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This turkey company wants to convince you that turkey is delicious

Would you eat turkey on a day that wasn’t Thanksgiving?

This turkey company wants to convince you that turkey is delicious
[Photo: The Great American Turkey Co.]

Several years ago, Kirk Posmantur, the founder of branding agency Axcess Worldwide, had an unsettling meeting with his cardiologist. “He told me, ‘Kirk you’ve got to drop about 20 pounds and eat more turkey burgers,'” he says.

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That’s because turkey is an under-appreciated lean meat. It’s high in protein and lower in saturated fat and cholesterol than beef, pork, or even chicken. The problem: Most farmers only raise the big birds around Thanksgiving, meaning that most of what you can find in the store is either ground turkey meat or processed sliced turkey cold cuts.

So, in late August, Posmantur turned his quest for more turkey into a business, joining with two major players in the food world–clean meat icon George Faison, and James Beard award-winning chef Michel Nischan–to launch The Great American Turkey Company, which sells turkey cutlets, strips, sausages, bratwursts, and hotdogs at more than 160 Fresh Market stores around the country. That footprint nearly doubles this month, with Price Chopper agreeing to carry the products in many stores, along with grocery delivery service Fresh Direct.

[Photos: The Great American Turkey Co.]
The Great American Turkey Company offers humanely raised, hormone-, antibiotic- and preservative-free birds that are harvested completely, so that no part of the animal goes to waste. “I think turkey is America’s next protein,” says GATC President and COO Faison, who previously founded and helped run upscale organic poultry company D’Artagnan before becoming a partner at the heritage meat operation DeBragga and Spitler. Faison talks seriously about “disrupting poultry” and making gobblers “the alternative to beef.”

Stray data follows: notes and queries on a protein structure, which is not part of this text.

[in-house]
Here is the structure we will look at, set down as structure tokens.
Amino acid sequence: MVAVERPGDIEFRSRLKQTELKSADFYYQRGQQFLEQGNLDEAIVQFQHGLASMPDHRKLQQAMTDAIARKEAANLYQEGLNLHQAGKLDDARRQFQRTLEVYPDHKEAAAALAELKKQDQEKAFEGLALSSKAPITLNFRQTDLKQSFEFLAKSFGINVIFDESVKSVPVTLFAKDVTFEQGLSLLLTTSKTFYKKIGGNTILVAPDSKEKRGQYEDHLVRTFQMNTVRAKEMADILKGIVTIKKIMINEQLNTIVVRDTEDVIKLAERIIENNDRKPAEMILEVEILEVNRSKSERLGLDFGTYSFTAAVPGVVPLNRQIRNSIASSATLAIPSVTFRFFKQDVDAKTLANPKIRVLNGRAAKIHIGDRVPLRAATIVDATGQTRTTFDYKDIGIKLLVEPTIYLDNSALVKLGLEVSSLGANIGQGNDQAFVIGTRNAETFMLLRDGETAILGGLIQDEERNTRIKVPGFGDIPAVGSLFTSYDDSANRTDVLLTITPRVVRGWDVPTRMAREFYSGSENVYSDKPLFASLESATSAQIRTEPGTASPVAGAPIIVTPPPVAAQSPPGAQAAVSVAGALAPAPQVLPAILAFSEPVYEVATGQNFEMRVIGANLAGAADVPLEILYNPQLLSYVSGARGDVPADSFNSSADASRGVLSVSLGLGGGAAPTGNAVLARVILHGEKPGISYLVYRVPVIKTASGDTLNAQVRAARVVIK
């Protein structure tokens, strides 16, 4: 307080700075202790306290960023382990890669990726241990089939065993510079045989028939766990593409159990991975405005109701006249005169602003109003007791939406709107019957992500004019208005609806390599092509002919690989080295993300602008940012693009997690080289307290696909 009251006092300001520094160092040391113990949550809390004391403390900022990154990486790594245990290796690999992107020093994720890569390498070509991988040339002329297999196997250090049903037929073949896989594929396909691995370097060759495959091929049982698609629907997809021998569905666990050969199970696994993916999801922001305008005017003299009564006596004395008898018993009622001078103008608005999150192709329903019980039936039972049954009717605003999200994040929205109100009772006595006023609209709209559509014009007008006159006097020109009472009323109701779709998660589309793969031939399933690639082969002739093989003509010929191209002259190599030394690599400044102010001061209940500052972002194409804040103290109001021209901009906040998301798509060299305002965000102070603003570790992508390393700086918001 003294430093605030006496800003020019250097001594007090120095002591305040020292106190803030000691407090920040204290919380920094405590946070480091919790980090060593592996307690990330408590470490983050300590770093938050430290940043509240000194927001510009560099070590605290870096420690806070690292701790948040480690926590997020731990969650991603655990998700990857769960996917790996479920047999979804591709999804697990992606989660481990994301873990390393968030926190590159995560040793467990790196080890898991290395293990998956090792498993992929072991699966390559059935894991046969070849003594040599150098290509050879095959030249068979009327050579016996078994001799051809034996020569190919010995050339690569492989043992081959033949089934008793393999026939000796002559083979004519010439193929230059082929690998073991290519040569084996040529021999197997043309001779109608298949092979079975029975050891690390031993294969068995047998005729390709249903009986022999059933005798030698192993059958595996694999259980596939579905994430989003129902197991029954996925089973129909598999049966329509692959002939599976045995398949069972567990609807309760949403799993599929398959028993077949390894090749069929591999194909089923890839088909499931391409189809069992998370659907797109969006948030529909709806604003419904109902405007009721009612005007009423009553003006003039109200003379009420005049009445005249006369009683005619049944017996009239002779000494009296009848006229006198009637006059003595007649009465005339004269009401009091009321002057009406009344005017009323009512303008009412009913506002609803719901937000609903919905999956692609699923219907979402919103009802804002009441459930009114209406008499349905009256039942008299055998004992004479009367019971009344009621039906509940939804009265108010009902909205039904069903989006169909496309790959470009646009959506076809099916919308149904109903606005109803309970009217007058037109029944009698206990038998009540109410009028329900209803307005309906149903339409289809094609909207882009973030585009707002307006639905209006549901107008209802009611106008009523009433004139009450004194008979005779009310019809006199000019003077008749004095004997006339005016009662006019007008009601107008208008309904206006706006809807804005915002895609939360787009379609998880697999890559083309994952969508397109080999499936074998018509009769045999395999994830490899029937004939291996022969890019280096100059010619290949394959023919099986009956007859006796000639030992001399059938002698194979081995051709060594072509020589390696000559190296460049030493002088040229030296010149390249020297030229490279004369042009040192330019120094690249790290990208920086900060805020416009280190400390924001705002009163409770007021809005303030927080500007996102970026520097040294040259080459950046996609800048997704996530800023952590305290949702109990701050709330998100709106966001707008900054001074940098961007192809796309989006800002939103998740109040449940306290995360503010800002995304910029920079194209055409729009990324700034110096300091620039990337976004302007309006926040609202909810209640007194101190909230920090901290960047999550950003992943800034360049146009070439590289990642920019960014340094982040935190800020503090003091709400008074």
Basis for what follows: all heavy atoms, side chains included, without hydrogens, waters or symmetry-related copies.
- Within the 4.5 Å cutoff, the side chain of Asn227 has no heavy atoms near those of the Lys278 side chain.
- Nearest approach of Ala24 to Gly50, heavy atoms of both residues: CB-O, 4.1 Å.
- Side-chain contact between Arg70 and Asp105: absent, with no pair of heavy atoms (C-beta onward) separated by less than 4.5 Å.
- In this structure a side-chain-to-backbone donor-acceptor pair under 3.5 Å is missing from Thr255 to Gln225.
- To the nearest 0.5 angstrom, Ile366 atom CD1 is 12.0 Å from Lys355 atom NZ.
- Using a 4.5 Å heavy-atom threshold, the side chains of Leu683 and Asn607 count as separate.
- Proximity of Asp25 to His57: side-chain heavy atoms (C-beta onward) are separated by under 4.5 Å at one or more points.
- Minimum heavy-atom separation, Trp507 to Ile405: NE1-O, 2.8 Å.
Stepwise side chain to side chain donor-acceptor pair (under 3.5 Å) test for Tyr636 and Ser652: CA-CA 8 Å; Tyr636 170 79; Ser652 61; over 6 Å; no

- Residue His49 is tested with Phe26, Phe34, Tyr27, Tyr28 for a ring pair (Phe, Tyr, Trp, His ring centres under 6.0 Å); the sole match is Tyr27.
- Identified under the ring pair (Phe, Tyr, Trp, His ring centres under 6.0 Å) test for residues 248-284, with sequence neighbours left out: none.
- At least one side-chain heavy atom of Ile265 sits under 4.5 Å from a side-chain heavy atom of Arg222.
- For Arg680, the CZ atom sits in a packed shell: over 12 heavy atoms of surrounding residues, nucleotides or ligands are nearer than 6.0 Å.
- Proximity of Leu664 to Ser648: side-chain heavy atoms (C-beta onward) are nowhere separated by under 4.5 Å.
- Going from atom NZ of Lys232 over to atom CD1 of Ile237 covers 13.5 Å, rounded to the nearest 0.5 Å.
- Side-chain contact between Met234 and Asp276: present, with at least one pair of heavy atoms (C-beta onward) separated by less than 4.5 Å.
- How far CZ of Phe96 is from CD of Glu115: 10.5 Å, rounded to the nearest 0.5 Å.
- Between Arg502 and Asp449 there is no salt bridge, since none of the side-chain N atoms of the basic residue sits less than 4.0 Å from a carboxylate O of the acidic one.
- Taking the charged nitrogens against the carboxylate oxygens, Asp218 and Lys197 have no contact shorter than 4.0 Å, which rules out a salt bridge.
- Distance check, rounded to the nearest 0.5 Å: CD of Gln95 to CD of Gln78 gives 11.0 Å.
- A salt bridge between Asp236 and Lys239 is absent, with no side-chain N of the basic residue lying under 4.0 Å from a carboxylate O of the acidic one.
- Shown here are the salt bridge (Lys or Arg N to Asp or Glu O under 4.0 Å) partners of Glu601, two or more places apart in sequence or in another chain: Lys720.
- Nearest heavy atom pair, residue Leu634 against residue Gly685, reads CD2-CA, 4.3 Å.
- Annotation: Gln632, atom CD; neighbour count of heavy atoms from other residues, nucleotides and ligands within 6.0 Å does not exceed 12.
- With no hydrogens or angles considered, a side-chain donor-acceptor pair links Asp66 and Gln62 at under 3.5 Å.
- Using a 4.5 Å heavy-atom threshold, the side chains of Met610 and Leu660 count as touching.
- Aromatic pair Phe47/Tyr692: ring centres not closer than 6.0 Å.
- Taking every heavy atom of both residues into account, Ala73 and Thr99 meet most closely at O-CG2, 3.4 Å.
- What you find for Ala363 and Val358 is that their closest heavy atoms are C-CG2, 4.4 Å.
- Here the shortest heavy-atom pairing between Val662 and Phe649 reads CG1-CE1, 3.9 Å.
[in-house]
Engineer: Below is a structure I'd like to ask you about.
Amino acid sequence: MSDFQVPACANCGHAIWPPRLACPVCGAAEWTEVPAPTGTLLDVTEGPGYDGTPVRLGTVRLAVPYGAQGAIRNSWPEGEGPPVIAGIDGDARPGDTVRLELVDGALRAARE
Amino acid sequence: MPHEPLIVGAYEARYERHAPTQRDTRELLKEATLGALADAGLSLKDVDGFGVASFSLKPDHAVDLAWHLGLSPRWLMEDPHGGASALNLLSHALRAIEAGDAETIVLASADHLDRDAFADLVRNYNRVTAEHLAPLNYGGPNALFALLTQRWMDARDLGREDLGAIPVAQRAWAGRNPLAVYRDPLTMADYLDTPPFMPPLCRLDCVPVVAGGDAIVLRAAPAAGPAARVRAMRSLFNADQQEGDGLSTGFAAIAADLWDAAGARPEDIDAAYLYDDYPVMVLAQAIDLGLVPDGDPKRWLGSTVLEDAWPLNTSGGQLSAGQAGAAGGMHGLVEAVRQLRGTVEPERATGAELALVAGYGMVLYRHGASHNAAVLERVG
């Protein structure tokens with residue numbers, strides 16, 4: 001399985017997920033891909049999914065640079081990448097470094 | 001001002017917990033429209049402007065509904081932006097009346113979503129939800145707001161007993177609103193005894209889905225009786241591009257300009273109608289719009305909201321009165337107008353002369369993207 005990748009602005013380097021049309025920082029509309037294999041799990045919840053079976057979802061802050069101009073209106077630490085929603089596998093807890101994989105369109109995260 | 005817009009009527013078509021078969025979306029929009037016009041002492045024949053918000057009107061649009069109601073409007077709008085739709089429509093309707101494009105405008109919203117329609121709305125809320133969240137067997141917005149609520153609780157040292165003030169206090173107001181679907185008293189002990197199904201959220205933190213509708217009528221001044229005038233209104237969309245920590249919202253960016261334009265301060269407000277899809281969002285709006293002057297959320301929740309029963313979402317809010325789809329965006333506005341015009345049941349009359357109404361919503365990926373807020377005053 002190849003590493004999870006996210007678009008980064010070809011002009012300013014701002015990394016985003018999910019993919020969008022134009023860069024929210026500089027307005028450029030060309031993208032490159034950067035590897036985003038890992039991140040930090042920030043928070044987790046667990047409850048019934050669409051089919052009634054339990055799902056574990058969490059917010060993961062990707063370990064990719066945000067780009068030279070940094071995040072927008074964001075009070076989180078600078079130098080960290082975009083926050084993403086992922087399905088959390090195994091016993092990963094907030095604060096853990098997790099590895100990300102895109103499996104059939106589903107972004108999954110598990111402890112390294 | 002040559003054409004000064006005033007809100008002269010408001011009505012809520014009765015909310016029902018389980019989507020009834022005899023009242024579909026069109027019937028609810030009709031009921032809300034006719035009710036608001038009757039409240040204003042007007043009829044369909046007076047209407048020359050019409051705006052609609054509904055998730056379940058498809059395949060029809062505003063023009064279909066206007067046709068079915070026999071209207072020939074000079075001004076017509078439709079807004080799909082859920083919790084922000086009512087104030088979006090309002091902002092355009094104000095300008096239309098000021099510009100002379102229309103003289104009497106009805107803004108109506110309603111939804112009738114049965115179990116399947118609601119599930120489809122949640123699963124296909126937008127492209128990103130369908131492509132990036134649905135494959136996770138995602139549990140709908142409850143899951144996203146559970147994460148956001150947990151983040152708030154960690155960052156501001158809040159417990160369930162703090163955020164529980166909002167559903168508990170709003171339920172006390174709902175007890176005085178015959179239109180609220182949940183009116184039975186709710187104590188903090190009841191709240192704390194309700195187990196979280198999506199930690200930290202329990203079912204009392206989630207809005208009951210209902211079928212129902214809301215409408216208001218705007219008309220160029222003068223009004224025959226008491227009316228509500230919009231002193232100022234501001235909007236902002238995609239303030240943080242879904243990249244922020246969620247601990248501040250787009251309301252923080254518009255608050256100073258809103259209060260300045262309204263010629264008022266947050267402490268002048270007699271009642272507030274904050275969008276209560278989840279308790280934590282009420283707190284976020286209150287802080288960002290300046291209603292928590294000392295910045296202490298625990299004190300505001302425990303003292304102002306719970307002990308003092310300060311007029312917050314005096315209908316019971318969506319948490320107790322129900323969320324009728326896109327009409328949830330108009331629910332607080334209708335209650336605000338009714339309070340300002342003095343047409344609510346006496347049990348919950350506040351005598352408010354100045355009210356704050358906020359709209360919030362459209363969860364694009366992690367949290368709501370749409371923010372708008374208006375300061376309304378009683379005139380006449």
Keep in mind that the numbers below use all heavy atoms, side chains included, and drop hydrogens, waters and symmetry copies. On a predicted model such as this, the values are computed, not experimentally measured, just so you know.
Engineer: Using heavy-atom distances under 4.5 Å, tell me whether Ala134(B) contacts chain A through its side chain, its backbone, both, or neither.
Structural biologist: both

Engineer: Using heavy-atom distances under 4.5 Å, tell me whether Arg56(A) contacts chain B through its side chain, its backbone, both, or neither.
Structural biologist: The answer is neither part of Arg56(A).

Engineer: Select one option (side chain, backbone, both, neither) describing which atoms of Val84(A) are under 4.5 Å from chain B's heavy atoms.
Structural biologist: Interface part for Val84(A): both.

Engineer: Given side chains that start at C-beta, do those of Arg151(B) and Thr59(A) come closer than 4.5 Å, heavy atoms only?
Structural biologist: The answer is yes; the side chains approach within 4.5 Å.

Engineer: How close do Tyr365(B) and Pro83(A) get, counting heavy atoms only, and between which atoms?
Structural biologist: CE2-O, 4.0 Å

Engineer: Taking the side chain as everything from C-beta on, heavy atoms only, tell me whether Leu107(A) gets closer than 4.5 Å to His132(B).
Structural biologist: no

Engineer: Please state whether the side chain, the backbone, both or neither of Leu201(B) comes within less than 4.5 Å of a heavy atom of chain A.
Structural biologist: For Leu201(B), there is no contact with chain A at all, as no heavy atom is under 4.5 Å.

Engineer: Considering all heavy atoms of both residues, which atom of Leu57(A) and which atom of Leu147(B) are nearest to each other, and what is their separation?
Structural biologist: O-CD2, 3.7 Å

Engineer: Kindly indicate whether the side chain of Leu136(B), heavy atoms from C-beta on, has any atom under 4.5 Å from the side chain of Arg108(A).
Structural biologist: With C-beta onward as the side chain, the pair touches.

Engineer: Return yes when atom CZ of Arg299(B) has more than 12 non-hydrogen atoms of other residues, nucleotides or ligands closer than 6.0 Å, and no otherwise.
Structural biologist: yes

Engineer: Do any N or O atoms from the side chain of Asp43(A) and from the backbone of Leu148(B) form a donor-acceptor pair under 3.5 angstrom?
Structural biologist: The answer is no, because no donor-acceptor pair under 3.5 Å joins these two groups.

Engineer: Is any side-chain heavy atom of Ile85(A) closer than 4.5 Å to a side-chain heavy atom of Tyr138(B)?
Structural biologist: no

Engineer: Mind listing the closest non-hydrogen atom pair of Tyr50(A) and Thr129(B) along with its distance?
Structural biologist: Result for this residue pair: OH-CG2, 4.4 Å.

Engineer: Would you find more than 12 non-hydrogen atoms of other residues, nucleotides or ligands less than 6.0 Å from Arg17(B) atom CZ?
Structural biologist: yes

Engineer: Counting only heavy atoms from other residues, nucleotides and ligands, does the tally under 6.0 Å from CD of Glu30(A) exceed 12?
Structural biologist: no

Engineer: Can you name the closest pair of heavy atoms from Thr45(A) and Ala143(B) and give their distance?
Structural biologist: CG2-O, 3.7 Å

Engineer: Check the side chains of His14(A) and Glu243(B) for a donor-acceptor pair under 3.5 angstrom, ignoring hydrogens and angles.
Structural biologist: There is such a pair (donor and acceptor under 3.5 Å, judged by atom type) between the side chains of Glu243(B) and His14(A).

After all, he says, the meat itself has a more beef-like quality—it’s denser and slightly chewier than chicken, although with a fairly mild taste. The average bird is about 60% white meat, and 40% dark. At GATC, the white meat becomes cutlets, while the dark meat goes into sausages.

Nischan, who has been cooking healthfully since at least the late ’90s when he opened Heartbeat, a New York City hotel restaurant featuring no processed ingredients, helped develop the company’s recipes, which include four different cutlet marinades and six sausage styles.

Faison says that Americans typically eat about eight times as much chicken as turkey. By the company’s estimate, that equates to 160 pounds of the former each year, an average of about three pounds per week. At the same time, commercial turkeys end up about five times bigger than chickens, weighing between 25 and 30 pounds. That means the animals require different hatcheries and slaughterhouse operations, so those facilities often run below capacity until the holiday season, when about 70% of all sales occur.

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As Posmantur sees it, the brand can provide a healthier meat alternative for anyone “from soccer moms to millennials.” If they can afford it. The cutlets and sausages retail at a mid-level price range of about $7.99 and $6.99 per 12-ounce package, respectively, quite a bit more than chicken. To try to redeem themselves slightly for their higher prices, GATC has committed to improving food equity in a different way by sharing profits with Wholesome Wave, a nonprofit that Nischan founded. Wholesome Wave assists community groups in doubling SNAP benefits and supporting vegetable prescription programs for people without access to affordable healthy food.

GATC initially promised $25,000 of its end-of-year sales to the group. It hopes to at least double that commitment in the coming year, and continue to give more as sales grow. For comparison, Wholesome Wave has a budget of about $6 million annually, much of which is provided though foundation grants and corporate donations. But eventually this sort of recurring revenue could make a big difference for the organization–and stretch the turkey provider’s healthy halo even more.

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About the author

Ben Paynter is a senior writer at Fast Company covering social impact, the future of philanthropy, and innovative food companies. His work has appeared in Wired, Bloomberg Businessweek, and the New York Times, among other places.

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